Things to do nearby Bridgeway
Bridgeway is well located on the edge of Langwathby within easy walking distance of all the local amenities. The Shepherds Inn pub is just a five-minute stroll down the hill and the village shop faces the green in this pretty sandstone village. Langwathby station on the scenic Settle-Carlisle railway line is just across the road from Bridgeway, ideal for easy car-free days out into Carlisle, Appleby and Settle. Alternatively, take the train a couple of stops and plan a cycle route back. The owners' favourite walk goes down to the River Eden and along Lady's Walk to a dog friendly pub at Edenhall or, for the more energetic, you are ideally placed for a cycle challenge in the shape of Hartside Pass.
Langwathby is an attractive sandstone village built around a village green and holds the Guinness World Record for the oldest ‘temporary’ bridge in the country! The Eden Valley is a hidden gem with the Pennines to the east and Lake District Fells to the west. The beautiful rural landscapes around the River Eden are a mix of lush green countryside, traditional towns and attractive sandstone villages. The enigmatic stone circle of Long Meg near Little Salkeld is nearby which is worthy of a visit in its own right; or plan it into a longer walk; you could also take in the mill for some freshly ground flour to take home. For those with a liking for cake visit The Village Bakery in Melmerby.
Walks in the Eden Valley are many and varied, choose from a variety of other routes up onto the Pennines, the stunning and unique High Cup Nick above Dufton is one not to miss, with a bit of a scramble you can walk right up the valley on to the surprisingly flat moorland beyond. Another obvious place to head for is the lovely River Eden, the best riverside walks can be found south of Wetheral and between Lazonby and Salkeld. A bonus is that all these attractive stone villages also have great pubs and cafés to visit.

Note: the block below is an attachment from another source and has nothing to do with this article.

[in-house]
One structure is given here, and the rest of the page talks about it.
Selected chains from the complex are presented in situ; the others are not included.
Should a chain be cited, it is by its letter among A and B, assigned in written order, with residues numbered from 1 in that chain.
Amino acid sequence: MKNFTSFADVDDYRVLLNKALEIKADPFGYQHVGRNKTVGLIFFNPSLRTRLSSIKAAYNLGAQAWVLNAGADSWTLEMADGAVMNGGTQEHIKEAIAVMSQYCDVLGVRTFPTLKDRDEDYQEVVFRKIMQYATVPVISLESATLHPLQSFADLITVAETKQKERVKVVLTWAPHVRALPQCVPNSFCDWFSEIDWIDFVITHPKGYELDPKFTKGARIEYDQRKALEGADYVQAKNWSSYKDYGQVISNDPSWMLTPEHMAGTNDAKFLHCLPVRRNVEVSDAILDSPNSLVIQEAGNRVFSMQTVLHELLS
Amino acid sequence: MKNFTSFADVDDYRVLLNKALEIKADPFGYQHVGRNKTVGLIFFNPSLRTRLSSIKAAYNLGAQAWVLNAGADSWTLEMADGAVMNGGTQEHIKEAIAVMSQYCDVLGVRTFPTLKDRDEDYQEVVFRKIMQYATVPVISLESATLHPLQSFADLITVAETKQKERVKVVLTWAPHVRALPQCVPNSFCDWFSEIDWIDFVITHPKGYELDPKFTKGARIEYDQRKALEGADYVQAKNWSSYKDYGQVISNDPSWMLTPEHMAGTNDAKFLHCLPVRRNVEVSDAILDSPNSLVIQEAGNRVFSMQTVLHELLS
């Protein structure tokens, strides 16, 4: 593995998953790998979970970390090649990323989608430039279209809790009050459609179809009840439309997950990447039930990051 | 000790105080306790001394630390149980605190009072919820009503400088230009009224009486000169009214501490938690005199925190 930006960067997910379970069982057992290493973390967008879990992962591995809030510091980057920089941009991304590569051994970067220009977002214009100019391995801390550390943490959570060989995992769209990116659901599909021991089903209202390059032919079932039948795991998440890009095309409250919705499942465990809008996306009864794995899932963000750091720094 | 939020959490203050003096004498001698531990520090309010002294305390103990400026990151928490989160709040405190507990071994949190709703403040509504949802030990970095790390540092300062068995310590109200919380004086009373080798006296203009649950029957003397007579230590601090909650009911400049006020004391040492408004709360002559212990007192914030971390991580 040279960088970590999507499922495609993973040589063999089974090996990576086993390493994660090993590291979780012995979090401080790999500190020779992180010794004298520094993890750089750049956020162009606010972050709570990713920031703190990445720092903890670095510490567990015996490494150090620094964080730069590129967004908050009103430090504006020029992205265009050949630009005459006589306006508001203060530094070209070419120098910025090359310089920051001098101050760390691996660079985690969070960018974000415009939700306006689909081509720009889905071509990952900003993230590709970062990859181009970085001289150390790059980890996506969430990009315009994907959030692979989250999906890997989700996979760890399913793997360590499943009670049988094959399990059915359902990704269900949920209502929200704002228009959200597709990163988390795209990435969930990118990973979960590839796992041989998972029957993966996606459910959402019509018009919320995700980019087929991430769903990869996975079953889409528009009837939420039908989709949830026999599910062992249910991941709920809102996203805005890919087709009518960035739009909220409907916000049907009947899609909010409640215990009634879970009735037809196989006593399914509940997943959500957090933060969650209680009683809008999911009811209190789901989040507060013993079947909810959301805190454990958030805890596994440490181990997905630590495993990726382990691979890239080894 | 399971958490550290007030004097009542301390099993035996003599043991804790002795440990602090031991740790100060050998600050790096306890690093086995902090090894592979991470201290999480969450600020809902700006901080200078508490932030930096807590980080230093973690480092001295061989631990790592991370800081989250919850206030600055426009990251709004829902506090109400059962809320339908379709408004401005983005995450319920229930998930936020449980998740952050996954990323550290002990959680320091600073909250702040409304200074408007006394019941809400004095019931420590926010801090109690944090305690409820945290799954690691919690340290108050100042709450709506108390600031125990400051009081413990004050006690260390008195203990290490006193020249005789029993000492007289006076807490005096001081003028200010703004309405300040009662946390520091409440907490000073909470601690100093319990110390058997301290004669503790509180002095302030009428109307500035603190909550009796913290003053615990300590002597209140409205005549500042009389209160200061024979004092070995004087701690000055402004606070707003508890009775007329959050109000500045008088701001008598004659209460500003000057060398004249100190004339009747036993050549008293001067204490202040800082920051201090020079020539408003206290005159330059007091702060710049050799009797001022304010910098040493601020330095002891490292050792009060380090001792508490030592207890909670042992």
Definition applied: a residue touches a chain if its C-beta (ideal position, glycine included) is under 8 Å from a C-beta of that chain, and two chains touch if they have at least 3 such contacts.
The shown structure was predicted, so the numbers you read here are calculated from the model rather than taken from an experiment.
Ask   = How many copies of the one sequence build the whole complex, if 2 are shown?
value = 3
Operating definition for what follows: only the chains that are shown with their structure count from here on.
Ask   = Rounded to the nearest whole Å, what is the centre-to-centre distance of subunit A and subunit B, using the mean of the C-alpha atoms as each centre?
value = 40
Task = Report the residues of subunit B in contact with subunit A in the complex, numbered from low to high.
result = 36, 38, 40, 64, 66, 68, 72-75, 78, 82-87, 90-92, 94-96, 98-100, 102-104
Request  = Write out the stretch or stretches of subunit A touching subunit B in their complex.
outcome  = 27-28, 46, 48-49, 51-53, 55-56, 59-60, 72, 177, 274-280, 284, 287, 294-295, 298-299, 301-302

This is a perfect location for getting away from it all and just relaxing in beautiful surroundings but with easy access to M6, A66 and the rail service, it is also ideal for those wishing to make most of their holiday and explore different parts of the region. One of the best ways to see the Eden Valley is by train setting off from Langwathby and travelling south towards the Yorkshire Dales or north to Carlisle. Running through some of the most attractive scenery in the Yorkshire Dales and Eden Valley, the Settle-Carlisle railway is world famous for its Victorian architecture, huge stone viaducts, tunnels and remote wayside station buildings yet is part of the main UK rail network. The diesel sprinter trains carry well over a million passengers every year and provide a vital link to the remote communities they connect.